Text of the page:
“Imagine seeing such an impressive animal in your backyard — it was crazy,” said Verónica Stange, a civil engineer and mother of two, of the mountain lion spotted April 2 outside her home in Chicureo, an affluent suburb north of Santiago. “Animals see a calm city, and they come down to hunt. It’s as simple as that.”
The cat she saw — an 8-year-old female, it turned out — was dehydrated, weighing only 48 pounds and bleeding from the snout, medical records show. Her bottom canine teeth were broken off, and she had a snare wire embedded in a paw. Unlike other captured mountain lions, which are quickly released, she remained under observation and treatment.
Six days later, another big cat was spotted in the same Chicureo suburb. This time, neighbors used a cage to trap the 73-pound juvenile male with a “bulging stomach” from “digesting a dog carcass,” medical records showed. Authorities are investigating whether it hunted the unfortunate dog or if someone put the canine in the cage as bait, which would be illegal.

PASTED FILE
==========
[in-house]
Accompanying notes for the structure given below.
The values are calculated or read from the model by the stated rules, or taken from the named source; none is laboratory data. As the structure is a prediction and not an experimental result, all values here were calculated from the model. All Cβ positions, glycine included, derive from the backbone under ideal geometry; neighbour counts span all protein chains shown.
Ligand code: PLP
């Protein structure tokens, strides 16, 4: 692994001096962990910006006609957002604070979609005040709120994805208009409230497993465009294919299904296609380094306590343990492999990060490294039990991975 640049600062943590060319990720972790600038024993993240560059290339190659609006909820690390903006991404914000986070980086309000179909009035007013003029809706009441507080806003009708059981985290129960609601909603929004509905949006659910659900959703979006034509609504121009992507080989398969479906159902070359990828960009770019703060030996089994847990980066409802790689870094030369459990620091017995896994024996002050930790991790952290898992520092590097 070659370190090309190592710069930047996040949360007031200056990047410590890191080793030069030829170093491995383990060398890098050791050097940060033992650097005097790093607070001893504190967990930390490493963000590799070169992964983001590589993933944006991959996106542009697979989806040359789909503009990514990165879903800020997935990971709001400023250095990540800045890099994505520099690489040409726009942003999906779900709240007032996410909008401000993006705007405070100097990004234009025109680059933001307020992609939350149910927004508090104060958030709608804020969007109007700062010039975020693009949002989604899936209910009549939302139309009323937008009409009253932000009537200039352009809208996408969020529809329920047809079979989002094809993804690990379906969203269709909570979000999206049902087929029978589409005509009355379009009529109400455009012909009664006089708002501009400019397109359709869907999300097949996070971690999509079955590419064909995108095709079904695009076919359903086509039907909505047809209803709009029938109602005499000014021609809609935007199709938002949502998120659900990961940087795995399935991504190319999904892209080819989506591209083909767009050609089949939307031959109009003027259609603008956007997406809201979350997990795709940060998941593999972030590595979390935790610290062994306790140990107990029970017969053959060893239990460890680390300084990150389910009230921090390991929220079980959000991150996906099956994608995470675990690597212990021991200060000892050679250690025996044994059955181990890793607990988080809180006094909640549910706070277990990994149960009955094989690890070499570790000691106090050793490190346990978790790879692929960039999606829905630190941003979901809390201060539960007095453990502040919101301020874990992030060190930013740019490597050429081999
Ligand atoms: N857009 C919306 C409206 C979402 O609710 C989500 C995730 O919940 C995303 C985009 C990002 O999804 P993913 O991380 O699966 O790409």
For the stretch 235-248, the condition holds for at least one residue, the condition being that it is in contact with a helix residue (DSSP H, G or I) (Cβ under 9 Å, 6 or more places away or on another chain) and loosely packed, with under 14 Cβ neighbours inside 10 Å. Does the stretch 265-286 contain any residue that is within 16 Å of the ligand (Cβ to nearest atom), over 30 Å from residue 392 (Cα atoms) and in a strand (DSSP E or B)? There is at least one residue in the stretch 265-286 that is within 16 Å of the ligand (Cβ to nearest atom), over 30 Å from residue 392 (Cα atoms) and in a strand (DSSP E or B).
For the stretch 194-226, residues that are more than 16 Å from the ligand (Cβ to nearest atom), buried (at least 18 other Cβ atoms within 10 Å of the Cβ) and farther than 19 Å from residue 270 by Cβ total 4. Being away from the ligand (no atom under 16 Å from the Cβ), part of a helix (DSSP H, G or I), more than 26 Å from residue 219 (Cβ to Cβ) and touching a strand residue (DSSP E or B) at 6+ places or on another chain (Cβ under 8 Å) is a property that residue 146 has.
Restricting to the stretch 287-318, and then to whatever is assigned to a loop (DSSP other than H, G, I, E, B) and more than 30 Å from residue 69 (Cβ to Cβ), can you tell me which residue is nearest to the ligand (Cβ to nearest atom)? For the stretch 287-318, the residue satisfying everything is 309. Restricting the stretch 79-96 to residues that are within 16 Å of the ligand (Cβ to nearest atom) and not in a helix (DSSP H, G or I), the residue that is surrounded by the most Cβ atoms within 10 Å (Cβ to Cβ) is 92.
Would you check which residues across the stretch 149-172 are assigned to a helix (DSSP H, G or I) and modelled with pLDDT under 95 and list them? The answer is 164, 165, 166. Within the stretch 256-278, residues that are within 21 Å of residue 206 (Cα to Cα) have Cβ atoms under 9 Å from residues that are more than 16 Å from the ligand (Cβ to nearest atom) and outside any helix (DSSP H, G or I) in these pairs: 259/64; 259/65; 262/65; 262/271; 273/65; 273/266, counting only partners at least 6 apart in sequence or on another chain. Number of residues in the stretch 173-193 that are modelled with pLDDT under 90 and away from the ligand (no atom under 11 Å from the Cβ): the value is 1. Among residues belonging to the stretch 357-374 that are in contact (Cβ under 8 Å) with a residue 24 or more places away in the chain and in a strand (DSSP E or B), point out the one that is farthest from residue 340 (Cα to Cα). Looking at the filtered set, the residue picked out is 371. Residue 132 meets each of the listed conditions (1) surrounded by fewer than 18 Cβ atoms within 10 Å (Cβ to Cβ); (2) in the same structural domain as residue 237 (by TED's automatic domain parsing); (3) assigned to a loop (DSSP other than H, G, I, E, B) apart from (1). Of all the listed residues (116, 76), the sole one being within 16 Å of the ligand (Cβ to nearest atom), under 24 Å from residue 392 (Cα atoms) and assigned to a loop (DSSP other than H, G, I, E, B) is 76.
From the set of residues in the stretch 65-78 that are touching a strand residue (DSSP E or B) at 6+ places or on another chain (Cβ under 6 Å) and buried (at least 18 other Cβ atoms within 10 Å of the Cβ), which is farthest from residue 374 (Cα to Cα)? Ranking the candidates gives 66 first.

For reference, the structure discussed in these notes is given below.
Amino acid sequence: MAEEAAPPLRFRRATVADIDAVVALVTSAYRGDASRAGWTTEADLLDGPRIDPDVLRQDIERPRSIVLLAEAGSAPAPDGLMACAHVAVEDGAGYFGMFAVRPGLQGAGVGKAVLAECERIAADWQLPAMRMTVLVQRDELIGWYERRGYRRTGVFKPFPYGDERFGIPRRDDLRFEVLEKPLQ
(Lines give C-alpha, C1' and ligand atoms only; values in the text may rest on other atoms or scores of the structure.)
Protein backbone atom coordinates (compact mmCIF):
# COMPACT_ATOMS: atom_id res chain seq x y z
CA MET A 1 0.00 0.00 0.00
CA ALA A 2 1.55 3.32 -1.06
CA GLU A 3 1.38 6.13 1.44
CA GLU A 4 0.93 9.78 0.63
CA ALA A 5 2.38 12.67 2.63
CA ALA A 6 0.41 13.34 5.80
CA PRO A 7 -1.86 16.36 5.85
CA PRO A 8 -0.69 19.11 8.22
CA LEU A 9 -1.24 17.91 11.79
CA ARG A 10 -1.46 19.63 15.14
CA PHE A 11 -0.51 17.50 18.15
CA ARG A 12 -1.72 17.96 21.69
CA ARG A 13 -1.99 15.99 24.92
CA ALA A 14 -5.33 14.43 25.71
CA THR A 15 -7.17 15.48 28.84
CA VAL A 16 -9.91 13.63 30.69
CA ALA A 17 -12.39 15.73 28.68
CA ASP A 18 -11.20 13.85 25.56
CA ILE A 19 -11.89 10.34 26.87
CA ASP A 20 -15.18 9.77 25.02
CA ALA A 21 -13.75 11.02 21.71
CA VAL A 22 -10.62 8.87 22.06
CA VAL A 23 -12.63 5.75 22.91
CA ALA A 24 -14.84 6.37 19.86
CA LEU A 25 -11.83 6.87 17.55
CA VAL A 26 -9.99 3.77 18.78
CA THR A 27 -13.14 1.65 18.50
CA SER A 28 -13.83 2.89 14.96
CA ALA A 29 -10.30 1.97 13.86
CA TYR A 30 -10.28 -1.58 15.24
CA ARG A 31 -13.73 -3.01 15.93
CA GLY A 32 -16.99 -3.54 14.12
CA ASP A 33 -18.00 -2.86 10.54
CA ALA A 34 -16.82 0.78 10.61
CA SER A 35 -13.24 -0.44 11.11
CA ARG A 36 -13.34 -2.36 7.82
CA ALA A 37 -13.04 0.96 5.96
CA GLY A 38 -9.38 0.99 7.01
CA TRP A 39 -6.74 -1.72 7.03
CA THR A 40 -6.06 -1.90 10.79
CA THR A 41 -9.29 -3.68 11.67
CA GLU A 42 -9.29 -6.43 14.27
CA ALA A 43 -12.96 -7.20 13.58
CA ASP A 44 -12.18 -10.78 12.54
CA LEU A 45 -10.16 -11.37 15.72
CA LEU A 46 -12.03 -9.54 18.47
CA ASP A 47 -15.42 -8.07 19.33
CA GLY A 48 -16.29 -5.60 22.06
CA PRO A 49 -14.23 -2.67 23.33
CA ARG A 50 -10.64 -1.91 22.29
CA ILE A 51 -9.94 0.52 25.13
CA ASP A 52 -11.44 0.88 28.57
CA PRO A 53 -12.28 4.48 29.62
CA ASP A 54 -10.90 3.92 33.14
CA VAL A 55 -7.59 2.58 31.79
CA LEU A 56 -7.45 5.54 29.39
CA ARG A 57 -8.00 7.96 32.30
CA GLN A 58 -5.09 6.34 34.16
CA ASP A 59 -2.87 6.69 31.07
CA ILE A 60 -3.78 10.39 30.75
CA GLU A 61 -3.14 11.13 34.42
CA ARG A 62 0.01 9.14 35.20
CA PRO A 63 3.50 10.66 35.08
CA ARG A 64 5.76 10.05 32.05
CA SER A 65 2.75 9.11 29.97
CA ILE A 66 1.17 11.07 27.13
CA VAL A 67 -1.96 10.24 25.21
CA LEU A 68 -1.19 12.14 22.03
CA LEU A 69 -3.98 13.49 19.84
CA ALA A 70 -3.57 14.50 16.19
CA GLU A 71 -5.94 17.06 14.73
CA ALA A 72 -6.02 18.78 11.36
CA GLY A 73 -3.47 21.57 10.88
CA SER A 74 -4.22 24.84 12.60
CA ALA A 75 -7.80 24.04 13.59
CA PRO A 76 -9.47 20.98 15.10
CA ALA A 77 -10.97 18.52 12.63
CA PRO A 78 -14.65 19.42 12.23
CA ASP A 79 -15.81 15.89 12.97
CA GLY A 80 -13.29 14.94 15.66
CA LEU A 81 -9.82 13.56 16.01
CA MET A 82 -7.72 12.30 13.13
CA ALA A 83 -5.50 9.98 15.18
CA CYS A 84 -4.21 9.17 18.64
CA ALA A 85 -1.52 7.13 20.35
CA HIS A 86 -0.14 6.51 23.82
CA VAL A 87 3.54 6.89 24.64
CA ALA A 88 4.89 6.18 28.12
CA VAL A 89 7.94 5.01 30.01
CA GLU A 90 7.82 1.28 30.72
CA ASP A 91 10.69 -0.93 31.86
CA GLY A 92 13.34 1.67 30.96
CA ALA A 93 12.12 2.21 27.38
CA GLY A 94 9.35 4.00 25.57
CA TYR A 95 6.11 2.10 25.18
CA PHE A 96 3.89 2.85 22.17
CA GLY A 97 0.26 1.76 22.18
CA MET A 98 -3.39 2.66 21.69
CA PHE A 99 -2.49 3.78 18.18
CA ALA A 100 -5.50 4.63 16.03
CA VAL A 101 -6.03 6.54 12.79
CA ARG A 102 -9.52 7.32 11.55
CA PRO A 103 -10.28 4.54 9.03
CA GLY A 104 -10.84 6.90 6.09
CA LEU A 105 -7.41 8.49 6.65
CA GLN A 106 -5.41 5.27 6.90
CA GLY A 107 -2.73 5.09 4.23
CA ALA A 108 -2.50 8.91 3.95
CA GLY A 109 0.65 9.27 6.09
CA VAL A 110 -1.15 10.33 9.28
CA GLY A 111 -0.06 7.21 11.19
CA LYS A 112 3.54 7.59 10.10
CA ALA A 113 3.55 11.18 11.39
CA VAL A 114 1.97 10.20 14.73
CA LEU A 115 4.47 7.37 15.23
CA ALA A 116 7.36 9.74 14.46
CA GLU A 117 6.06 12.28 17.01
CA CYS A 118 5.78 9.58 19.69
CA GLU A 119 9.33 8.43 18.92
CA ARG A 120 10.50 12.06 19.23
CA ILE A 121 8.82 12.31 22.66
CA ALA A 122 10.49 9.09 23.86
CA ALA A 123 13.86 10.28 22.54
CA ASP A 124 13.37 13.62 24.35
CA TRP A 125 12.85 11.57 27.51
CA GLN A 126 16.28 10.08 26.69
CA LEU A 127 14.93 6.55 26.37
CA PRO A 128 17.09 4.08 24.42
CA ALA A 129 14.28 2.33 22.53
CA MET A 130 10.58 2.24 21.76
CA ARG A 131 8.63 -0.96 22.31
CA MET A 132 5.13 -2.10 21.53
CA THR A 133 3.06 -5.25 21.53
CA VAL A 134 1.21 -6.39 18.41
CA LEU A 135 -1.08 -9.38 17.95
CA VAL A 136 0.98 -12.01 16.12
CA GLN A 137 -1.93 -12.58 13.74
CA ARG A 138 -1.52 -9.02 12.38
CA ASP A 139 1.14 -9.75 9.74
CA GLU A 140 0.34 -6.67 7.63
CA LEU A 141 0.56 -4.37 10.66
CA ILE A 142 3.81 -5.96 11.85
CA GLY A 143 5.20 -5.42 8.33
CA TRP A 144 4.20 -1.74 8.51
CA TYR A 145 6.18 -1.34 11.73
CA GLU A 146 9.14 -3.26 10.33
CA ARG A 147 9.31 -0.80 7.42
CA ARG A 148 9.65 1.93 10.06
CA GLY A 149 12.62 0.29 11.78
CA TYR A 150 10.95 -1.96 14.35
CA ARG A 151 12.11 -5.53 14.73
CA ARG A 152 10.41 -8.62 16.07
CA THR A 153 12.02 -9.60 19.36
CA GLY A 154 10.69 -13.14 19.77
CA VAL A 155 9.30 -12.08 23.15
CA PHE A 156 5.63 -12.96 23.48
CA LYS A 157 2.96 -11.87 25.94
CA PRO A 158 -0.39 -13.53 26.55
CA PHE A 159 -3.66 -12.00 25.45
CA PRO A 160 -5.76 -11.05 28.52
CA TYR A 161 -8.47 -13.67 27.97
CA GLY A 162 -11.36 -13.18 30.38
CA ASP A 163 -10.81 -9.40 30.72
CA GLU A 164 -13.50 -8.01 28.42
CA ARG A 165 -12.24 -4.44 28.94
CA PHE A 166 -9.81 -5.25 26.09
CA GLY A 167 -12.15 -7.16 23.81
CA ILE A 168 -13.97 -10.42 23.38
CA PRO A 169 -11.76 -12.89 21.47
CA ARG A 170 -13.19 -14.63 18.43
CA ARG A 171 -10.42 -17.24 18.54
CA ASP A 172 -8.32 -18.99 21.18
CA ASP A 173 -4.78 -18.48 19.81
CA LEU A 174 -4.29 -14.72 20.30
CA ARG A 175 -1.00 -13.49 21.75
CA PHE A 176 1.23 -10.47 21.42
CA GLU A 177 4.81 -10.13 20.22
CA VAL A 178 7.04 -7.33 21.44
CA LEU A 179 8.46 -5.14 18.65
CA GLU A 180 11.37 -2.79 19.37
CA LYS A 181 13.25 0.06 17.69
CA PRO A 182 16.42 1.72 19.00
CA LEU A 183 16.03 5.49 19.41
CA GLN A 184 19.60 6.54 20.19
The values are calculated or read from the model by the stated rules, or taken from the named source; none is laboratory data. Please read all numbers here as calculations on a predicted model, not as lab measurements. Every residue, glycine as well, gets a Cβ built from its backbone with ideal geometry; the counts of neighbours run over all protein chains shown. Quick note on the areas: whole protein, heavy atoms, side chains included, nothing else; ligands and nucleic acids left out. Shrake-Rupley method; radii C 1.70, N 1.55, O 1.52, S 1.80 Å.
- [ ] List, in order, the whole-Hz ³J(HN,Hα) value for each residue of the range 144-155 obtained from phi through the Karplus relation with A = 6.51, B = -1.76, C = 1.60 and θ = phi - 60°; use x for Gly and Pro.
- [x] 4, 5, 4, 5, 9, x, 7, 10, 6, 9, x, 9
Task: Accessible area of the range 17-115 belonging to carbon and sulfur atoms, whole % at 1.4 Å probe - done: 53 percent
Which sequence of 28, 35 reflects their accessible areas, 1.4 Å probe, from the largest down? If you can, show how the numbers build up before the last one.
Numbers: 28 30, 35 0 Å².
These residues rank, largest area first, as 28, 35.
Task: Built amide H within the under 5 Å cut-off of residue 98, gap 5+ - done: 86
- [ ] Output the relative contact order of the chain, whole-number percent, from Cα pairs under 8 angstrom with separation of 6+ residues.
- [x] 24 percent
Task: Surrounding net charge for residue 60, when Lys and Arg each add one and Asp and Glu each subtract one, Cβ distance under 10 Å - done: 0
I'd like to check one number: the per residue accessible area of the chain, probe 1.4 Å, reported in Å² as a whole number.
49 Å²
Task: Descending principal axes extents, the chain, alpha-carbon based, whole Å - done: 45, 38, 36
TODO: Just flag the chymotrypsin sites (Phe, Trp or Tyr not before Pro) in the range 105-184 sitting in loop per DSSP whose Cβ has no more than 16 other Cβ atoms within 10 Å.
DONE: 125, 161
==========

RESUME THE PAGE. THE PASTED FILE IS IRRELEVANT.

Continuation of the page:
The puma sorties will likely abate once the lockdown ends and life in the Chilean capital returns to its customary clamor and bustle, experts say. But some big cats will inevitably continue slipping into the city under the cover of night, seeking prey no longer abundant in their Andean enclaves.
“Mountain lions were here before us here in this city. We are the ones who have invaded their habitat,” Alejandra Montalba, director of Chile’s National Zoo, said this month at a conference on Instagram Live. “We already know that this is going to keep happening.… Encounters with wildlife are here to stay.”
Special correspondent Poblete reported from Santiago, and Staff Writer McDonnell reported from Mexico City.